And we're back to Roger Chillingworth. Are you feeling a little irritated with him? Well, says the narrator, remember that he came home hoping to find a home and warmth with his wife, only to discover that she is the symbol of sin for the entire town.
Gee, maybe you could have called, or at least sent a text message?
At least he's a good doctor, combining his knowledge of American Indian herbal medicine and British medicine.
And he chooses as his spiritual mentor one Reverend Dimmesdale.
Dimmesdale's isn't looking too good, probably because he studies too hard and is a wee bit overly devoted to God.
He's thin, tired, and depressed, and often observed to put his hand over his heart, as if he is in pain.
Maybe Chillingworth can heal him?
Dimmesdale says he doesn't need any medicine, but he eventually agrees to take on Chillingworth as his personal physician.
Personal physician? We can't even get a same-day appointment!
The two men hang out together, talking about manly things like last night's game and abstruse theological debates.
(Quick Brain Snack: the narrator refers to Chillingworth as "the leech," which is just another word for "doctor." Remember, medicine back in these days mostly consisted of killing your patient a little faster through insanely ineffective or dangerous "cures," like bloodletting—which was sometime accomplished with leeches.)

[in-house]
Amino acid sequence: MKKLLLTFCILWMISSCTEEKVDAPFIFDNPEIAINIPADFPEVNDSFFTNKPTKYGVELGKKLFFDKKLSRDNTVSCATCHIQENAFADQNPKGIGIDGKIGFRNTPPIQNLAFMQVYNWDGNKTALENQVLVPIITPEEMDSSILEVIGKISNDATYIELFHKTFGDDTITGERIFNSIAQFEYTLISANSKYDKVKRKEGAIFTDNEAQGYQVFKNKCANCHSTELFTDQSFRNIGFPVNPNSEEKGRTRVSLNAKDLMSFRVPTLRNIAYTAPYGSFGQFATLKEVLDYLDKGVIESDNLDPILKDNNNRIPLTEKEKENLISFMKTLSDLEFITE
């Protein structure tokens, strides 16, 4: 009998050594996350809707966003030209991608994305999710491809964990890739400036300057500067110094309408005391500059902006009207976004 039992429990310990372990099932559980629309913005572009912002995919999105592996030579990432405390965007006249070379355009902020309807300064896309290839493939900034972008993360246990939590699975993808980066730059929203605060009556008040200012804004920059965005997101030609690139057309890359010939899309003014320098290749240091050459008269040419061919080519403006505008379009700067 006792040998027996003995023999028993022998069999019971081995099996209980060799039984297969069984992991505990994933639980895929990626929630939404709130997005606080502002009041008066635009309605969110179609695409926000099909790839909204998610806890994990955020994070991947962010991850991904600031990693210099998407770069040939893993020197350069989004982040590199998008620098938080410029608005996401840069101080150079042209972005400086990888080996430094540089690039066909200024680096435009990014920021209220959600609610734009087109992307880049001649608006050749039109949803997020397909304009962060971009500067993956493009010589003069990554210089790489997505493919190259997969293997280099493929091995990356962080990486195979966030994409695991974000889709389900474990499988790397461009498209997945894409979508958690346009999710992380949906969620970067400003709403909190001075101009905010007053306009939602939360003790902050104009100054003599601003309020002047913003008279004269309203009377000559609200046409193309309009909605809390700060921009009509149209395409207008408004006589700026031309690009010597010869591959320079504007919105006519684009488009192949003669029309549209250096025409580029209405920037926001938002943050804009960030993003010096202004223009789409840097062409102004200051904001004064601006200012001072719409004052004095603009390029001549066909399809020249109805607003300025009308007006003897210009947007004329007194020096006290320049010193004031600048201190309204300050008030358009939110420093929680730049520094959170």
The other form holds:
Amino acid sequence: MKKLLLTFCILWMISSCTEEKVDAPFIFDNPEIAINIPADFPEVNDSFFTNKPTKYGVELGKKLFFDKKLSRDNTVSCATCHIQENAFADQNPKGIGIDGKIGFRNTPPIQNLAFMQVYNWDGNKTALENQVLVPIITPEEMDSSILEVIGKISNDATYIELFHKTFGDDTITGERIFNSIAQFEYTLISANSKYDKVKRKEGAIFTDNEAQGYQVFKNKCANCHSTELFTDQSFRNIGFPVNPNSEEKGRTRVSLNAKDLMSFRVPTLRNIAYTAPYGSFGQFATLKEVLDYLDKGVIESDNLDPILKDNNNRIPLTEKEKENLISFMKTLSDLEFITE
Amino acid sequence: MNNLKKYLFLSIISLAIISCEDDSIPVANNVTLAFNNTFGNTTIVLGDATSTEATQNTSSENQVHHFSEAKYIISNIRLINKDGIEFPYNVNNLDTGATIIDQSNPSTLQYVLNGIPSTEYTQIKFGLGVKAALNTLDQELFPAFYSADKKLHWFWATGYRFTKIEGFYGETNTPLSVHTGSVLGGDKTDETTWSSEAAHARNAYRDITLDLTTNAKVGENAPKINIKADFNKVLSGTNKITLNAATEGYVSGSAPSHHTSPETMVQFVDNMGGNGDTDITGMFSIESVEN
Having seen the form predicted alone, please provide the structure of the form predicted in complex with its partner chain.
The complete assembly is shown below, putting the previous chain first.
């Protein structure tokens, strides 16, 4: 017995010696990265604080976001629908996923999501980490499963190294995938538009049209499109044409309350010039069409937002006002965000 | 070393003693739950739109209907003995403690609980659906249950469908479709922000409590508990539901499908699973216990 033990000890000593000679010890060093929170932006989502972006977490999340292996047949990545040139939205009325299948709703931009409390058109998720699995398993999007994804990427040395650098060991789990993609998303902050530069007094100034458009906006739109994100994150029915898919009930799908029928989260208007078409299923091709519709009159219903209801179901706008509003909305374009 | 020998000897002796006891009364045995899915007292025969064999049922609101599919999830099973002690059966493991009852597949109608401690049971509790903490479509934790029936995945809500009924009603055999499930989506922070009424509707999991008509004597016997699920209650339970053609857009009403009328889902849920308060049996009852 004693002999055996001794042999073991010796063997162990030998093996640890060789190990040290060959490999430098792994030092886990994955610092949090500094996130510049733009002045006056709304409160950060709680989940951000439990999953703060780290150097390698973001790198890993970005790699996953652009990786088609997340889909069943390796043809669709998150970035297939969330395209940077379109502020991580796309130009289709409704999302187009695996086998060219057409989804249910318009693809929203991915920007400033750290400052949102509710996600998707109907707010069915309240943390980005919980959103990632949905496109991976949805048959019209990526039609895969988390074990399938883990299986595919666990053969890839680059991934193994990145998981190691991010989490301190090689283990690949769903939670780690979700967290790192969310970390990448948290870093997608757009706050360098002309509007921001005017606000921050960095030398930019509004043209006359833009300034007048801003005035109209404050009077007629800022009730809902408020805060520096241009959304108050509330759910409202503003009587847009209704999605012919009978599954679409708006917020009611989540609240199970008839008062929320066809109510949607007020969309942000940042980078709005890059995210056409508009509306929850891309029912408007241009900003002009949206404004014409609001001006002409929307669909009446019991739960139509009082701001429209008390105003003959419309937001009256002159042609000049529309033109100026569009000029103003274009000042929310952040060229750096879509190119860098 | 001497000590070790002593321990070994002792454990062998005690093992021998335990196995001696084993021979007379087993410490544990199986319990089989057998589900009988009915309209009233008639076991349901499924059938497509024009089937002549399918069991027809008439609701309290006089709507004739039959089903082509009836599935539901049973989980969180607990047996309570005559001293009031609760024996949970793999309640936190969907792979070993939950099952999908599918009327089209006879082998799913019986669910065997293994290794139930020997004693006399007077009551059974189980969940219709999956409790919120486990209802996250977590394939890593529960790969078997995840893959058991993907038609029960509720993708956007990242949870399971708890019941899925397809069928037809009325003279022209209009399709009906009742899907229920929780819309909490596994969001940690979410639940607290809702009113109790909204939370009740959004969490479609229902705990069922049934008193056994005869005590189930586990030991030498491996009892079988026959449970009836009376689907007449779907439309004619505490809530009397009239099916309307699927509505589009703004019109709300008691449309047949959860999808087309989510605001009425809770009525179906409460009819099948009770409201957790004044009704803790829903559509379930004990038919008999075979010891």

Chillingworth decides that he needs to know what's wrong with Dimmesdale before he can help him (duh), so he analyzes him mentally, psychologically, and spiritually as well as physically.
But Dimmesdale never reveals his secret.
Eventually, Chillingworth hints to Dimmesdale's friends that it would be better if he and Dimmesdale lived together so that he could better assist the minister's health.